Apr 06

Obituaries

Death waits for us all, and in an age of pandemic it’s nearer than ever. This weekend we’ve seen it take Tom Dempsey, NFL placekicker, Bobby Mitchell, NFL halfback and wide receiver, and Al Kaline, rightfielder extraordinaire for 22 years with the Detroit Tigers.

Dempsey set the record for longest field goal in NFL history at 63 yards in 1970 when he hit it in the closing seconds of a game against the Lions to give the Saints the win. It held up until Jason Elam of the U of Hawai’i and the Denver Broncos matched it in 1998. It has since been extended to 64 yards by the Broncos’ Matt Prater in 2013. He died from COVID-19.

Dempsey had been battling Alzheimer’s disease and dementia. He was a resident at the Lambeth House senior living center in New Orleans, which has been hit hard by the virus. More than 50 residents have been affected, according to NOLA.com.

Bobby Mitchell, along with Leroy Jackson and John Nisby, were the first black players for the Washington Redskins when they started the 1962 season with the team. George Marshall, the team’s owner, had made it clear he didn’t want black players on his team, but then-Commissioner Pete Rozelle and the Kennedy Administration made it known that he should integrate.

During his first six seasons with the Redskins, he never caught fewer than 58 passes. He was a four-time Pro Bowl selection — once as a running back and three times as a wide receiver.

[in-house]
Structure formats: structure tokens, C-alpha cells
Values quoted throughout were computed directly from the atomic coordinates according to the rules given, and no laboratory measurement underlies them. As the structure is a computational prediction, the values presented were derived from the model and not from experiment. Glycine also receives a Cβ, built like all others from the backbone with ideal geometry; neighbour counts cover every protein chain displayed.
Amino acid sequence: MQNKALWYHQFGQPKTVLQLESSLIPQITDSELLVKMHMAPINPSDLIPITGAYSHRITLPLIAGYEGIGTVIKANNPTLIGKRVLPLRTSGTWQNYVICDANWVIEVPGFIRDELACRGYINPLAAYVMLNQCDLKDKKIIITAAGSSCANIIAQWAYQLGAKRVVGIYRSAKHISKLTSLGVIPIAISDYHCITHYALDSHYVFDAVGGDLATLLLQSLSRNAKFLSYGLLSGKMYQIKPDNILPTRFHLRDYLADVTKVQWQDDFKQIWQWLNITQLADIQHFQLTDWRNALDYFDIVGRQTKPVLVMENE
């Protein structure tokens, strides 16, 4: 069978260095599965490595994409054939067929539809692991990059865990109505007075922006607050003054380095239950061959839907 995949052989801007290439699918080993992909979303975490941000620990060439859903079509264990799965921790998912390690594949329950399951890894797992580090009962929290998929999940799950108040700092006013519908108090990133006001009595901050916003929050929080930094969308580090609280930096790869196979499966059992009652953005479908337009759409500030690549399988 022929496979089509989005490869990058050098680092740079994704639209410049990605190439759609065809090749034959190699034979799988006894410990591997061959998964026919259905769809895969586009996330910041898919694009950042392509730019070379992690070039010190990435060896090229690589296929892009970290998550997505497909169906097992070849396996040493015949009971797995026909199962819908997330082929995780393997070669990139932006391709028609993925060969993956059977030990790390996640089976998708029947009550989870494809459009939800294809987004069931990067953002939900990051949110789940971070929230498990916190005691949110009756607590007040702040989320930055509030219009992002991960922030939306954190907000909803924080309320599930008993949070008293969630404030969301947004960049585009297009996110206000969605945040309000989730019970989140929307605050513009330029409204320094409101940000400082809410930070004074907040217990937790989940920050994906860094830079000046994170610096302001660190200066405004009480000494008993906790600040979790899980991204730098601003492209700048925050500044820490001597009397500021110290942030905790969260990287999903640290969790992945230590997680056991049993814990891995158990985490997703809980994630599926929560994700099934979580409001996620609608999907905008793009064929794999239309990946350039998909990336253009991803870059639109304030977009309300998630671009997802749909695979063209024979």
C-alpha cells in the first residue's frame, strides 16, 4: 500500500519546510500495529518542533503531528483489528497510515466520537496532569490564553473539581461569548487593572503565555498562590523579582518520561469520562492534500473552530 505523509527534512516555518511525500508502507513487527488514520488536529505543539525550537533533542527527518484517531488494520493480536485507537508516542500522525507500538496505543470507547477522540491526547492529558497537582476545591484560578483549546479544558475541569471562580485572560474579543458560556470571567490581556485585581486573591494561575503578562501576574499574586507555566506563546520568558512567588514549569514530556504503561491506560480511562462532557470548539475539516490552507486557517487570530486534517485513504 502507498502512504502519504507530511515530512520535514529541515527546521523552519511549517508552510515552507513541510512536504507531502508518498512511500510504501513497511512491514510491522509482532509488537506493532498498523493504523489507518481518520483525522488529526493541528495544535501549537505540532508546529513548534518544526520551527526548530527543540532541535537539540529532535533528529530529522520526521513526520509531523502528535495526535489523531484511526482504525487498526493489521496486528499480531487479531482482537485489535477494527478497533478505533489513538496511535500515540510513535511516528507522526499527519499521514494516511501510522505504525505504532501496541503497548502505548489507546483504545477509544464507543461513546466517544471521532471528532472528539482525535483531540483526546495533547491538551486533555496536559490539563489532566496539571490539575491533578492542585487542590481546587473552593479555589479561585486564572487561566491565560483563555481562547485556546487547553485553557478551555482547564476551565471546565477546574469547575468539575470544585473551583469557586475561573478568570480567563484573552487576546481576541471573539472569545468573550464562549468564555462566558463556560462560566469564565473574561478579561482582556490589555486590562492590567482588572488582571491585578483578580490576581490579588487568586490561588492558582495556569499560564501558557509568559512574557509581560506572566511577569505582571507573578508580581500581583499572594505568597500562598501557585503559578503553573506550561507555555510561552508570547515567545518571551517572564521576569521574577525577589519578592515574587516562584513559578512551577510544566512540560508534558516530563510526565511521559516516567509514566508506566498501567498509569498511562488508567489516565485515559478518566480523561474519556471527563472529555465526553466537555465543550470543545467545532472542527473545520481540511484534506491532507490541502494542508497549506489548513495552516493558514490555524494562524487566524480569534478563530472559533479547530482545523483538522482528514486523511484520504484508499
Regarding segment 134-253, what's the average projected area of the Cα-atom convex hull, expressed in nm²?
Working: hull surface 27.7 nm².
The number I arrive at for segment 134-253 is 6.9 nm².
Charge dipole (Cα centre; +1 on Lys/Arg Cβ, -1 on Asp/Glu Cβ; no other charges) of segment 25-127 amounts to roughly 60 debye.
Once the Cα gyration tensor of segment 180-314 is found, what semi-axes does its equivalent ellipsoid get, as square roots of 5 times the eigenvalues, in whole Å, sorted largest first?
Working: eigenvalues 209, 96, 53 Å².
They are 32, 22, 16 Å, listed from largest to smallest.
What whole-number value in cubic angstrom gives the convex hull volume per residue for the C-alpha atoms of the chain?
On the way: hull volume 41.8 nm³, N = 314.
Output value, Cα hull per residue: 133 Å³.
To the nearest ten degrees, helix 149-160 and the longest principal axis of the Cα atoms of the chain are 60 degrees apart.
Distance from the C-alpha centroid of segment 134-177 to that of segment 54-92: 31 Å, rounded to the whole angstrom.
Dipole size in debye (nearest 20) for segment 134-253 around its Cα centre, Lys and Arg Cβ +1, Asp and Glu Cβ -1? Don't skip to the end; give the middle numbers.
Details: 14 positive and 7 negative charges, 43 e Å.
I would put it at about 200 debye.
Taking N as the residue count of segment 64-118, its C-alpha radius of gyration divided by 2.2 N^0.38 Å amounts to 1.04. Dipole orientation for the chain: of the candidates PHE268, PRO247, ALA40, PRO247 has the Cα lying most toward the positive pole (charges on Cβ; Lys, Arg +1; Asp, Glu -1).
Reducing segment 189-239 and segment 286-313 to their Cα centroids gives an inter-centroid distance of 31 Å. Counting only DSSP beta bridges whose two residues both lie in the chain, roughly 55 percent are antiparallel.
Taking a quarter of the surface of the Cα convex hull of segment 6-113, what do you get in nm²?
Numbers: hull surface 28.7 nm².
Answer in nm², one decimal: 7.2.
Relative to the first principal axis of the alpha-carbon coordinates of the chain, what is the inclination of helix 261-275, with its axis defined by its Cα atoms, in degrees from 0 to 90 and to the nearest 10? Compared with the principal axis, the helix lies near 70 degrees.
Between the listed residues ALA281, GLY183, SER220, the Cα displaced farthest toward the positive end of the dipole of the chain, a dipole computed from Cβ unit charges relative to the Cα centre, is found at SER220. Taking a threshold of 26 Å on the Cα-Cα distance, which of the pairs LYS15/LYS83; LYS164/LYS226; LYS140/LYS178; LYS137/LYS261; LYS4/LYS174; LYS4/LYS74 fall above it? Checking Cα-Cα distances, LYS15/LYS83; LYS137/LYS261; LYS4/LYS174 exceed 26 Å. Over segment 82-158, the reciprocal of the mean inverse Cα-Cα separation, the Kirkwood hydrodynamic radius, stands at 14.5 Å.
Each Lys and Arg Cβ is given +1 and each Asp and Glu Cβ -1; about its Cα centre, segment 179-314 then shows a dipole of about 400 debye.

Mitchell, a seventh-round draft pick in 1958, retired in 1969, finishing his 11-year NFL career with 14,078 total yards. He had 91 career touchdowns, including 65 receiving and 18 rushing. He was inducted into the Hall of Fame in 1983.

Kaline joined the Tigers directly from high school in 1953. In 1955 he won an AL batting title and finished second to Yogi Berra in the MVP voting. He won the Roberto Clemente Award for sportsmanship, community involvement and contribution to his team in 1973.

Kaline made his lone appearance in a World Series in 1968, on the Tigers team led by pitchers Denny McLain and Mickey Lolich. Kaline had been sidelined for part of the season with a broken arm, and when he returned he was used mostly as a pinch hitter or first baseman because the outfield trio of Willie Horton, Mickey Stanley and Jim Northrup was playing well.

When the Tigers clinched the pennant, Kaline went to manager Mayo Smith and told him that he didn’t deserve to start in the World Series. Smith ignored him and played Kaline, who batted .379, hit two home runs and drove in eight as the Tigers beat the St. Louis Cardinals in seven games.

Kaline was elected to the Hall of Fame in 1980, his first year of eligibility.

Feb 09

Betts deal finally done

Per ESPN’s Jeff Passan:

Catching prospect Connor Wong is headed to the Boston Red Sox alongside outfielder Alex Verdugo and shortstop Jeter Downs in the trade that will send outfielder Mookie Betts, starter David Price and cash to the Los Angeles Dodgers, sources tell ESPN. Players have been notified.